A relational understanding of global connectivity also points to the importance
of another element of cosmopolitan learning: reflexivity. Reflexivity (Beck, 2000)
requires people to become self-conscious and knowledgeable about their own
perspective and how it is subject to transformation as a result of its engagement
with other cultural trajectories. Reflexive individuals are able to challenge their own
taken-for-granted assumptions that are often linked to official and popular
discourses of cultural difference. They are able to reflect upon the politics of their
own representations of others, and point to the ways in which this politics is
historically constituted. Such reflexivity cannot then be achieved without a critical
recognition of our own cultural and political presuppositions, and the epistemic
position from which we speak and negotiate difference. This must involve realizing
that knowledge about cultures is never neutral and that our efforts to learn about
and engage with others take place within asymmetrical configurations of power. This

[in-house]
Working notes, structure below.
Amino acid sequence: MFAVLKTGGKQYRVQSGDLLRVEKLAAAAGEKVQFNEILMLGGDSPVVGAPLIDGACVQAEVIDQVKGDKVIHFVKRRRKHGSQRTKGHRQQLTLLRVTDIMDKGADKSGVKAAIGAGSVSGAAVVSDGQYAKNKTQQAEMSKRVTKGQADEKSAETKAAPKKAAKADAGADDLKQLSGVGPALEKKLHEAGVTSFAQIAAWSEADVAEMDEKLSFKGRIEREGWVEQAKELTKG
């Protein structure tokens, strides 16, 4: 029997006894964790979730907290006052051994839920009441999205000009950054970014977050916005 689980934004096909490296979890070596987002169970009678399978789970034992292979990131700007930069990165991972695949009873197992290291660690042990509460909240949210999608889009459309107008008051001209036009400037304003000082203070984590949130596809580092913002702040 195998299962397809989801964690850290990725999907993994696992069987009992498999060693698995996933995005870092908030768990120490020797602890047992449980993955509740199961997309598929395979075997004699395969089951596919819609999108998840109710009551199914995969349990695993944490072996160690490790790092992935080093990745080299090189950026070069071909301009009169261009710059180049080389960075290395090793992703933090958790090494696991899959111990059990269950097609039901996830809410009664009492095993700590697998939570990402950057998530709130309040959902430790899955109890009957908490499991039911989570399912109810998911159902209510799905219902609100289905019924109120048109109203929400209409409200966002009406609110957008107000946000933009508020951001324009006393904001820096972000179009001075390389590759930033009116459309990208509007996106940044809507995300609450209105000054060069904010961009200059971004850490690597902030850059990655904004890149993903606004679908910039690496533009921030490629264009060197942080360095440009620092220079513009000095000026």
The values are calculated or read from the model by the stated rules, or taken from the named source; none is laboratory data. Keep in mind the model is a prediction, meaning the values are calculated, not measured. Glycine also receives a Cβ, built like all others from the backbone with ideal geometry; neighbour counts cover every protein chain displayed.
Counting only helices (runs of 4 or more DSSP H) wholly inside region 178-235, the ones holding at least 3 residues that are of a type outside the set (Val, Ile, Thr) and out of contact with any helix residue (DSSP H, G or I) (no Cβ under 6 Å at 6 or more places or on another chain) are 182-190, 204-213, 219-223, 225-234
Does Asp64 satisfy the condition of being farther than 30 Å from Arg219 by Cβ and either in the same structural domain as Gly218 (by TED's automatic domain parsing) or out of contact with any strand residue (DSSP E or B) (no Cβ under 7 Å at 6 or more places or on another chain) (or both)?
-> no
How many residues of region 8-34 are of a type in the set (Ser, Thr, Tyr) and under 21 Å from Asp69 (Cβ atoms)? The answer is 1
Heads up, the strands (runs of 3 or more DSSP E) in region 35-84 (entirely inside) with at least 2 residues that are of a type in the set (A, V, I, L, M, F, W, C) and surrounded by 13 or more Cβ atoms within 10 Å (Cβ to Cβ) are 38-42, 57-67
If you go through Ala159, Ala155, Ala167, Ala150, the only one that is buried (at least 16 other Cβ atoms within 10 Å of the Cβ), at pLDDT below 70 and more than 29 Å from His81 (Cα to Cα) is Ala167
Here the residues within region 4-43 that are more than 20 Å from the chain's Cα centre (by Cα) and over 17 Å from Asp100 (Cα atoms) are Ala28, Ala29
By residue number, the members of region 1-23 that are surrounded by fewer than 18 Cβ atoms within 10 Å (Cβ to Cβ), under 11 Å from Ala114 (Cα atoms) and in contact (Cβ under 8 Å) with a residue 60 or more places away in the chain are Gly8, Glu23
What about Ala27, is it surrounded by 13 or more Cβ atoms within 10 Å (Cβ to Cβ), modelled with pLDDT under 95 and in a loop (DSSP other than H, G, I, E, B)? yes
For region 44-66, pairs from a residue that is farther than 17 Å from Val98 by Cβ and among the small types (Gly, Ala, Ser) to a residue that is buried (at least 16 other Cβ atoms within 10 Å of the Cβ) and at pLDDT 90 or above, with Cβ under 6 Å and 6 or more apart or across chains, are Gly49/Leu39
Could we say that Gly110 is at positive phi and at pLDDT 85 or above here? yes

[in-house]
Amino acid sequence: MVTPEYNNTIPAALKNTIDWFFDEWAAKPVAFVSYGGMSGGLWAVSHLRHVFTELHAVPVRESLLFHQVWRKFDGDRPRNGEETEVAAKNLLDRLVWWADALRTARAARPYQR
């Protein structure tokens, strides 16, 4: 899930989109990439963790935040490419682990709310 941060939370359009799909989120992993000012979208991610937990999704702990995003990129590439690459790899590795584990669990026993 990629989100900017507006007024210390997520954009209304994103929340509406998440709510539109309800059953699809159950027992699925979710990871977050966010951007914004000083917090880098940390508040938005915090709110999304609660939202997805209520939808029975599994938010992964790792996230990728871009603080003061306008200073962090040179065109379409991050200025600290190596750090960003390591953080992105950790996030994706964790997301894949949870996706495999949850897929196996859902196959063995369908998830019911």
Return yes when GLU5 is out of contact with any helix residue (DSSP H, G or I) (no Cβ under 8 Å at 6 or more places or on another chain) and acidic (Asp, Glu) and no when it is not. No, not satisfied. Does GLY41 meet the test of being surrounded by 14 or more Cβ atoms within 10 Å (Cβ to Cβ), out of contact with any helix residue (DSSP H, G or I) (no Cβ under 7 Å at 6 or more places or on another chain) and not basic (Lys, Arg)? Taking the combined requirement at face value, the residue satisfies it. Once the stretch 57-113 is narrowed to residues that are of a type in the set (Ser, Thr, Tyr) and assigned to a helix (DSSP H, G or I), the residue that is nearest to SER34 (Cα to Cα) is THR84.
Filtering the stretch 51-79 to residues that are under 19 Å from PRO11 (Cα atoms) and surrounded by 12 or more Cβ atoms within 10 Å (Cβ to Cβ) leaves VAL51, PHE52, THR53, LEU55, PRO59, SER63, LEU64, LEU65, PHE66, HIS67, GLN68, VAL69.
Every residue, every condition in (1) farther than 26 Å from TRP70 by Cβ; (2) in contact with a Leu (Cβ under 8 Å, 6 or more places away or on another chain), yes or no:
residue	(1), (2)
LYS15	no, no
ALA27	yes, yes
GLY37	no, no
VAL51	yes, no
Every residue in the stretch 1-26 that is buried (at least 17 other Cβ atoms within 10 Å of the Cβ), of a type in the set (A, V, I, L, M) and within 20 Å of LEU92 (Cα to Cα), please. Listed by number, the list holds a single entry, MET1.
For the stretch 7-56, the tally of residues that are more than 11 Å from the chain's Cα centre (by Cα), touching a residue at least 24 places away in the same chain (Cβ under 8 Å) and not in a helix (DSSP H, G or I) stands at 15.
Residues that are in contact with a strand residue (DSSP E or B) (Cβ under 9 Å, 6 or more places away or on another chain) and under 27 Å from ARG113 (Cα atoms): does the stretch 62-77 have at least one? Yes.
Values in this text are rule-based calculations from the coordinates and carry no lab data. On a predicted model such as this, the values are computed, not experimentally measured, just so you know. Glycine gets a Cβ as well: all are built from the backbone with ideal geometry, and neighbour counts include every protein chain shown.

realization, however, needs not prevent us from continuing to explore, engage and
learn from other cultural trajectories in an effort to transform our own.
In the contemporary era, the volume and speed of intercultural exchange has
increased at an unprecedented rate, creating greater possibilities of trade, transfers of
technology, cultural cooperation and skirmishes, and even war, than ever before.
Never before has there been a greater need of intercultural understanding and
communication. But if this understanding is predicated on essentialist conceptions of
culture, rather than within a pedagogically open framework that explores the
dynamics of cultural interactions in an on-going fashion, then no amount of
intercultural education is likely to be helpful. New ways of thinking about economic
and cultural exchange are clearly necessary in which conceptions of others and
ourselves are defined relationally, as complex and inherently dynamic products of a
range of historical processes and the contemporary cultural economies of global
connectivity. Epistemologically, all cultural understanding is comparative because no
understanding of others is possible without self-understanding. If this is so, then, not
only is it important to emphasize historicity, criticality and relationality, but also
reflexivity in all our attempts to imagine and work towards better futures.